Psychologist recommends five ways to improve your work habits in the new year
You've feasted with family and friends, taken a little time off to recharge, and toasted to the new year. Now, it's time to get back to the grind—but before automatically settling into the same old habits, take a moment to reevaluate how you approach your work after the challenges of the last few years.
That's the advice of Debra Lerner, a Tufts University School of Medicine faculty member in the departments of medicine and psychiatry and the founder and director of the Program on Health, Work and Productivity at Tufts Medical Center. "Because of COVID, a lot of changes have taken place for many people," such as new work arrangements, major moves in location, or personal or family health struggles, says Lerner. "We are finding ourselves in situations that call upon our ability to adapt."
With this significant, ongoing demand for change, working people often are resorting either to ad hoc measures to keep going or old habits that may not work well, rather than stopping and thinking about taking a new or proactive approach.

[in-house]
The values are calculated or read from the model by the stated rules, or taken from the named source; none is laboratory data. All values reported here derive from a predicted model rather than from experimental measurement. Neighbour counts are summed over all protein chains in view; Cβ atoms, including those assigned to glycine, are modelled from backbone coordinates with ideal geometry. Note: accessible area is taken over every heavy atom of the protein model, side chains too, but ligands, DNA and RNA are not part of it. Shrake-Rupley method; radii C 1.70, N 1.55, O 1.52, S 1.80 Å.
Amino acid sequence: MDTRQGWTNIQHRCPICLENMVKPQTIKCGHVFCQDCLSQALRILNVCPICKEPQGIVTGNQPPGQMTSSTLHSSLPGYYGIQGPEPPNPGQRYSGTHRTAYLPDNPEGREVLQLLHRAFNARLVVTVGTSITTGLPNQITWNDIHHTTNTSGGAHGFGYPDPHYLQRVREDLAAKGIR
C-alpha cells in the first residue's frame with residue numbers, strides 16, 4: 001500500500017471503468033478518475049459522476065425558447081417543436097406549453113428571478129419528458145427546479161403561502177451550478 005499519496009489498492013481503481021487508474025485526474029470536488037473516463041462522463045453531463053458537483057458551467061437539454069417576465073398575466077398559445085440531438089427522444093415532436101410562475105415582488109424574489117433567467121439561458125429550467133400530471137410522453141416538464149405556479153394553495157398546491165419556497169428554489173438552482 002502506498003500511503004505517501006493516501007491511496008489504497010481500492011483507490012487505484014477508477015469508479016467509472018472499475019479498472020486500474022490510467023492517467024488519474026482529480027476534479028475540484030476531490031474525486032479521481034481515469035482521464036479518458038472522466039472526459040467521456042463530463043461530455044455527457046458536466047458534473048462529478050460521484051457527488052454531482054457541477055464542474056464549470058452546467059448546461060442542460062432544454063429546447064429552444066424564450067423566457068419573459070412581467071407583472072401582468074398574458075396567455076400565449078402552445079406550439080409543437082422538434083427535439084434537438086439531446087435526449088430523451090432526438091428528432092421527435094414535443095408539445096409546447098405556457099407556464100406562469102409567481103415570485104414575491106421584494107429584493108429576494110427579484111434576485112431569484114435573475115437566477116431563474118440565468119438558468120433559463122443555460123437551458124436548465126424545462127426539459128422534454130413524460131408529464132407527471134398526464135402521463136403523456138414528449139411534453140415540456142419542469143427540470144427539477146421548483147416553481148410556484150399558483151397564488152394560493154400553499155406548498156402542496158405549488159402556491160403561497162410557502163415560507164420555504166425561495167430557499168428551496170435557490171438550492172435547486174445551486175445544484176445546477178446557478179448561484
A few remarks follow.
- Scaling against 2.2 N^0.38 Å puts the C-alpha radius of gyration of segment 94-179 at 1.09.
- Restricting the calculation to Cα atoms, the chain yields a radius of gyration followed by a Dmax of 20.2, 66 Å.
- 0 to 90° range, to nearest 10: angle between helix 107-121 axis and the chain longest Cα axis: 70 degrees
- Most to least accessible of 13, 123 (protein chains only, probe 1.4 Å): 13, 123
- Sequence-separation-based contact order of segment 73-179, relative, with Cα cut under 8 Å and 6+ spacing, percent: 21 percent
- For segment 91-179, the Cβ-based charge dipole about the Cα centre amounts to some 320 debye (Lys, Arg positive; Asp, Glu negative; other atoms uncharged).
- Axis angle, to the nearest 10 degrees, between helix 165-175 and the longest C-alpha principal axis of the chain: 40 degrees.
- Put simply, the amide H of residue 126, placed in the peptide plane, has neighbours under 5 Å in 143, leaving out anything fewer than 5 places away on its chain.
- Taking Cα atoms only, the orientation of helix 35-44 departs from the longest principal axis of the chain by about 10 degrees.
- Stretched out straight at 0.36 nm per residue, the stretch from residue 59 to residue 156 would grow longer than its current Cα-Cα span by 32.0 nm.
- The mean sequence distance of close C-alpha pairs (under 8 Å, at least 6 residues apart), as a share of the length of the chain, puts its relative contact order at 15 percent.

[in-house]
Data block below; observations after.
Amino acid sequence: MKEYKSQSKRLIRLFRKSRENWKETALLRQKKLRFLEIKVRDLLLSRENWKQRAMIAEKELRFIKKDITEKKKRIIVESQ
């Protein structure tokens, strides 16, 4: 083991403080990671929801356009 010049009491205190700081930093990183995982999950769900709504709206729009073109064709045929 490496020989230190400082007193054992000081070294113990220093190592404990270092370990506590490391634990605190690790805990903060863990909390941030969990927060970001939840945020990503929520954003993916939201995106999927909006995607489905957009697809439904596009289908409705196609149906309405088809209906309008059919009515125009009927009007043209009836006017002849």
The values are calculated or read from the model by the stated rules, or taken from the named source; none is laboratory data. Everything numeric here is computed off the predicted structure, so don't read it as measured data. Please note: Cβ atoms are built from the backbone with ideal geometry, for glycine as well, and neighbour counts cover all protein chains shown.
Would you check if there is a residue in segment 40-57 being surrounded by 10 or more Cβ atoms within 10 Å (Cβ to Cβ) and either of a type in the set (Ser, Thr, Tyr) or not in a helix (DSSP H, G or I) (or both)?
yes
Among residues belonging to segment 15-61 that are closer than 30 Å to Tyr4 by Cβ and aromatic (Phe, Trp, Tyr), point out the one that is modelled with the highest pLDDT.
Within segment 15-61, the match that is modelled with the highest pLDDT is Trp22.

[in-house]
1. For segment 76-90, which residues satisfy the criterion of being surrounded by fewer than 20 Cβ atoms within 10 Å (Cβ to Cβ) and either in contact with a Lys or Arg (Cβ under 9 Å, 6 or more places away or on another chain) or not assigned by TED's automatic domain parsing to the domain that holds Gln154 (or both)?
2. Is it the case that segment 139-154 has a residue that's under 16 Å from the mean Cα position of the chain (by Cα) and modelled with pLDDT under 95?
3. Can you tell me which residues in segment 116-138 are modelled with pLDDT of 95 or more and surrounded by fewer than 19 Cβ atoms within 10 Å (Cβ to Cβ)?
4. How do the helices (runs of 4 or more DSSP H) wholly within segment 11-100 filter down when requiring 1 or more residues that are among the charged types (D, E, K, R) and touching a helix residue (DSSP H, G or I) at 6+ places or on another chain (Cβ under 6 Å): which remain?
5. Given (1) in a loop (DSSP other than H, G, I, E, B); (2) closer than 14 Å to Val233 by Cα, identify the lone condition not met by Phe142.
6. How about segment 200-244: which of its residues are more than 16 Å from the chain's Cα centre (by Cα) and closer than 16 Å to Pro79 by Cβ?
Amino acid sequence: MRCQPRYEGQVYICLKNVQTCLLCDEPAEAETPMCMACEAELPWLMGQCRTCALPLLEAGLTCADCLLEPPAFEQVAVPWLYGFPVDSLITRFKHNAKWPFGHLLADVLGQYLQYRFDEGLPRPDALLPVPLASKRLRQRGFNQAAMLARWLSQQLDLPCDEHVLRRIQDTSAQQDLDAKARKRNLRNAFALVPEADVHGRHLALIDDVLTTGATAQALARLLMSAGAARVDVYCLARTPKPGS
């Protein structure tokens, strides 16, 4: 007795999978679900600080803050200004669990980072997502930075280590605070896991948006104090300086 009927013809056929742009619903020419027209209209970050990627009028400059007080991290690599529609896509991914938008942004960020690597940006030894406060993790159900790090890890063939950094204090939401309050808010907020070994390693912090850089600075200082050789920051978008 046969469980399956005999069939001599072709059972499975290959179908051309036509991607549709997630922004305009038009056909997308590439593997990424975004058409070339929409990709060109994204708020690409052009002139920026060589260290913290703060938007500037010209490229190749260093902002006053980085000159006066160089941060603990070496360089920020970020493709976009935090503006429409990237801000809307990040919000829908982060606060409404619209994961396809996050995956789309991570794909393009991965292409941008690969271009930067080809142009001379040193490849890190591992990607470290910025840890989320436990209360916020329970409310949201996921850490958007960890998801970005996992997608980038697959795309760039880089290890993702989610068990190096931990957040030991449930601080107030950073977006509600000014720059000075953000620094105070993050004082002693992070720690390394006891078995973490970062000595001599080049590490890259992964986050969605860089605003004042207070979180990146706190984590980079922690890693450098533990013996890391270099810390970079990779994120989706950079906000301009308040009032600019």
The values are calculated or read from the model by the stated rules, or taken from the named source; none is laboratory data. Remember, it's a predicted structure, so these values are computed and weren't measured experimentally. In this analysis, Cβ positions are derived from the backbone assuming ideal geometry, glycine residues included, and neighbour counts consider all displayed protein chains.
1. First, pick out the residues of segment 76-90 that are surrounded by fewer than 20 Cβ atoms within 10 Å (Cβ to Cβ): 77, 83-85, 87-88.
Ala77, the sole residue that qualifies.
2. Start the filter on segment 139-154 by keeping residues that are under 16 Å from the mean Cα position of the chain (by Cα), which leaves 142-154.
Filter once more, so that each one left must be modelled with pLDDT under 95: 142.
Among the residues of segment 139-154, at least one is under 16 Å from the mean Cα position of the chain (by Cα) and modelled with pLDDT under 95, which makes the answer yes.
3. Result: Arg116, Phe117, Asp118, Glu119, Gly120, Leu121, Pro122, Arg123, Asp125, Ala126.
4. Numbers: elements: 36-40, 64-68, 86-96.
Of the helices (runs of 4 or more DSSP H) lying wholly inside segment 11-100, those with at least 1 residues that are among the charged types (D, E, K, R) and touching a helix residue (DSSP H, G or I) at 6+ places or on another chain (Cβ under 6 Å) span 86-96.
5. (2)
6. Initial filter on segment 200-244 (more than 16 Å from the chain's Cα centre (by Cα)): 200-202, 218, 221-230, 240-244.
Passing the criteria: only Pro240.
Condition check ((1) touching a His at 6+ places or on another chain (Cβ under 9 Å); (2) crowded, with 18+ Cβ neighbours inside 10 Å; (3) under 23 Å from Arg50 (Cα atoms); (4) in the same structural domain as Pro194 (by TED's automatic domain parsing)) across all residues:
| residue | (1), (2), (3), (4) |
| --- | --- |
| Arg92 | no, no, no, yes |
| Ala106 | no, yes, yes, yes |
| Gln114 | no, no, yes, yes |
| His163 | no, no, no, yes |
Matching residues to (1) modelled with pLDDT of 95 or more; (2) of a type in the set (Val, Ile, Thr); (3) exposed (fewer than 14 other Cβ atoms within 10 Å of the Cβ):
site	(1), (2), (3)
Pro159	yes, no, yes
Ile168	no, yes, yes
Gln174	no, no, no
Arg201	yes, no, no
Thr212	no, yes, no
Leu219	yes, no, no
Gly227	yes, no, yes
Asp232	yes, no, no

This new year, "find ways to identify or change old habits that may not be effective for you anymore and replace them with ones that are more functional," advises Lerner, who has more than 30 years of experience in addressing workplace mental health issues and employee health and work productivity.
She has dedicated her career to understanding the struggles of people who need and/or want to work but are challenged with common mental health disorders, such as depression and anxiety, or experiencing stress due to family caregiving for an ill, elderly or disabled loved one, and developing ways to get them both to feel better and to function more effectively at work, such as through her Be Well at Work program.